• Lands with wilderness characteristics should be explicitly protected to retain wilderness values;
  • The need to remove or redraw certain Development Focus Areas that overlap lands with wilderness characteristics to ensure that these lands fall outside the DFAs; 
  • The addition of certain areas to the National Conservation Lands system; 
  • The need for BLM to explicitly acknowledge that additions to the National Conservation Lands system cannot be reversed through agency action and can only be undone by Congress; and
  • The need for mineral withdrawal recommendations for National Conservation Lands and Areas of Critical Environment al Concern (ACECs). 

BLM’s requirement to inventory and assess management for all lands with wilderness characteristics within the planning area

Between the Draft and Proposed DRECP, the BLM inventoried significantly more acreage of land for wilderness characteristics. This is a positive development in terms of providing a fuller picture of this important resource across the planning area. Thanks to a strong commitment by the state office to partner with the Student Conservation Association to inventory lands with wilderness characteristics, the inventory of such lands doubled from approximately 600,000 acres in the draft to over 1.2 million acres in the final EIS.  While we applaud the BLM for making this concerted effort, we are disappointed that after several years of planning and analysis, the inventory of lands with wilderness characteristics is still incomplete in the DRECP planning area.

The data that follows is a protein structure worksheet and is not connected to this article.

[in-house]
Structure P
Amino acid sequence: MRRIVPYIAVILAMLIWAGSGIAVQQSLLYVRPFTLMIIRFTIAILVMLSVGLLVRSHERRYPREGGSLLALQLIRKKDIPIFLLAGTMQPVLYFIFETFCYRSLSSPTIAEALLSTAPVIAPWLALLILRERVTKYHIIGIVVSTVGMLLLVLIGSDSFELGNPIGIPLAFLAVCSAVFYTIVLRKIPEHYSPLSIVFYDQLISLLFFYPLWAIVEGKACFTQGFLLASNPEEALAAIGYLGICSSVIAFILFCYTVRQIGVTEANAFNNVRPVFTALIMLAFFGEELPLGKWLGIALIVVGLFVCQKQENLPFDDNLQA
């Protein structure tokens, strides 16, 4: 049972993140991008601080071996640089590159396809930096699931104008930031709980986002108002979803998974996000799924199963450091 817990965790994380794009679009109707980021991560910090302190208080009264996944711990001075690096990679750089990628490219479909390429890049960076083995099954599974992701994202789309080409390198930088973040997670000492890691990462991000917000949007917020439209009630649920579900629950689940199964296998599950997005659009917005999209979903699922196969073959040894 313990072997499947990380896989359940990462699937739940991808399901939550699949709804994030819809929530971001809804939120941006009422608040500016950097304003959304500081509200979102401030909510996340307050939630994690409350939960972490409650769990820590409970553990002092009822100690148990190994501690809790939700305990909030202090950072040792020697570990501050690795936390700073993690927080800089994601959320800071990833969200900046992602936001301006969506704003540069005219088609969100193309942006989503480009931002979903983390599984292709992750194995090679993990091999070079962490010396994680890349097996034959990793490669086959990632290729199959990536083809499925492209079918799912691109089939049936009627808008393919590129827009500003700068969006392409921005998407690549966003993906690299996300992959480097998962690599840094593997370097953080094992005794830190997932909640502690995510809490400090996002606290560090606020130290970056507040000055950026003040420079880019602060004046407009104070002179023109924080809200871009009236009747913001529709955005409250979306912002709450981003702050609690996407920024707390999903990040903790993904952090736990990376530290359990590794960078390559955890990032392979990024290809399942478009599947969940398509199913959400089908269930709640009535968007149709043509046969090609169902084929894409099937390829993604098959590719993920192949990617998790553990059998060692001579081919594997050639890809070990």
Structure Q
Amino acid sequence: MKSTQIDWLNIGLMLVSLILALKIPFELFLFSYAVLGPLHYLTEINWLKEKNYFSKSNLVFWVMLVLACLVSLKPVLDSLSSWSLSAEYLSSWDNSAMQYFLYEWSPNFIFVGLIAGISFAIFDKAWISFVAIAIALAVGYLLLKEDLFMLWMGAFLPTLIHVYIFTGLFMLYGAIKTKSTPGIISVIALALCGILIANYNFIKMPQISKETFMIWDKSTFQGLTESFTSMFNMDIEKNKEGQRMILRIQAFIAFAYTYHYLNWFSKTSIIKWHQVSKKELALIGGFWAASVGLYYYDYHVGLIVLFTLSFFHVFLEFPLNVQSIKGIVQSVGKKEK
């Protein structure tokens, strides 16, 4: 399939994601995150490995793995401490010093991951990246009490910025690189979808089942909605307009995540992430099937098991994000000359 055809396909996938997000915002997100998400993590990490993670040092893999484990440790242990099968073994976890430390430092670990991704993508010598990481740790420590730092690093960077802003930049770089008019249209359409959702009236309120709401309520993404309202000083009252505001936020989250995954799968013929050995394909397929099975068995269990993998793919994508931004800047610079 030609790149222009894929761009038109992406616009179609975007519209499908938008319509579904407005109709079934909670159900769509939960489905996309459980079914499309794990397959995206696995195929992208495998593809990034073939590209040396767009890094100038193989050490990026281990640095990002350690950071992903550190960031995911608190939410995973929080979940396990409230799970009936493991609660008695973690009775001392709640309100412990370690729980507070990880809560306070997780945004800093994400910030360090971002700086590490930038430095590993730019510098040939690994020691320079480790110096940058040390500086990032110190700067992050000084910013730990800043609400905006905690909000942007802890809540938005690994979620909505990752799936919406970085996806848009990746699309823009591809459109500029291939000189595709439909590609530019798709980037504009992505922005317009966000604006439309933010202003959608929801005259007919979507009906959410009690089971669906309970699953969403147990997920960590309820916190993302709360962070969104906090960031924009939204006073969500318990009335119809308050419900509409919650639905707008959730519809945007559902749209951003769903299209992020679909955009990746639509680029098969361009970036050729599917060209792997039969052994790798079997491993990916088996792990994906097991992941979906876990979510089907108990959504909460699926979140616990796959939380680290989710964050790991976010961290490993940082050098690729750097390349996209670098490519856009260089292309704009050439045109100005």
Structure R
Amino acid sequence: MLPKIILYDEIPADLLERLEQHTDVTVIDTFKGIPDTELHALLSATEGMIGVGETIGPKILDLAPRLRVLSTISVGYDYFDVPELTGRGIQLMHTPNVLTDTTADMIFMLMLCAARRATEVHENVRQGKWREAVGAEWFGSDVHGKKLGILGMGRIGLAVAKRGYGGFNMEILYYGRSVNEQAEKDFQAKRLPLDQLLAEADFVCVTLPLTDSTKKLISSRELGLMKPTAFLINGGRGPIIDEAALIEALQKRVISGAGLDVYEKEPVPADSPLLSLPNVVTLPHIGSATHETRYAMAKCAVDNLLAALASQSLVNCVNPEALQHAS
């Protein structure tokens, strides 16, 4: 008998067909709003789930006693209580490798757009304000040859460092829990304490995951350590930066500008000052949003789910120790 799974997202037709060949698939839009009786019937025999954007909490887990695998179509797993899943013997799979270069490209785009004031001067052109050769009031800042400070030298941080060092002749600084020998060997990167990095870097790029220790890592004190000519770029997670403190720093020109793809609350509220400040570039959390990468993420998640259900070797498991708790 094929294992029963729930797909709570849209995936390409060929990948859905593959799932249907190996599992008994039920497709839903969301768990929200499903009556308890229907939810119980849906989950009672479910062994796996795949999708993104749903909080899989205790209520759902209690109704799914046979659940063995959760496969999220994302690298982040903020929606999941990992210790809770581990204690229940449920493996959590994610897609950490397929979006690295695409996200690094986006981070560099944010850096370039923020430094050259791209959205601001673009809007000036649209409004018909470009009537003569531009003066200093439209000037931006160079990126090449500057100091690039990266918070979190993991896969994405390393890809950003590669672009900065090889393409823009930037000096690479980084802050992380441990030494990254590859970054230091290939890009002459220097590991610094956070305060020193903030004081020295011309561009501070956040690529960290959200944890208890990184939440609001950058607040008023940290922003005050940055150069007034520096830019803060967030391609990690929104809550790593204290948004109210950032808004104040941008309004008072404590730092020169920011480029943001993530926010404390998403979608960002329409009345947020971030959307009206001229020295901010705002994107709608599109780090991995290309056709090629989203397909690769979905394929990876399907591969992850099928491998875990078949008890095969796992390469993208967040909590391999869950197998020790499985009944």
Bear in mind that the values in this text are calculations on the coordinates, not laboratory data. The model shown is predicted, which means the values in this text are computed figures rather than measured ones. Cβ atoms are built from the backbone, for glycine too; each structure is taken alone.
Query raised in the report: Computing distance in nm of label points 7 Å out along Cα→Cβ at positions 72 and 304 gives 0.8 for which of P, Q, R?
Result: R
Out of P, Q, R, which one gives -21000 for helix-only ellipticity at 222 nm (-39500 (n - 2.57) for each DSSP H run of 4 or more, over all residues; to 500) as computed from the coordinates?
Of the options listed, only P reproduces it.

The BLM acknowledges that inventories remain incomplete for the Ridgecrest and Palm Springs Field Offices and does not provide information regarding when these areas will be addressed.  We urge the agency to complete inventories for these areas by the close of 2016, and in the interim not allow any actions on these lands that could adversely impact their wilderness characteristics.  With regards to management of future lands acknowledged as possessing wilderness characteristics, we applaud the agency for committing to a planning process that will address these areas once inventoried. On page II.3-74, BLM states that it “...will propose lands to be managed to protect wilderness characteristics through a plan amendment.” While this is a worthy commitment by the agency, we request that a clear timeframe for completing inventories is provided in the Record of Decision.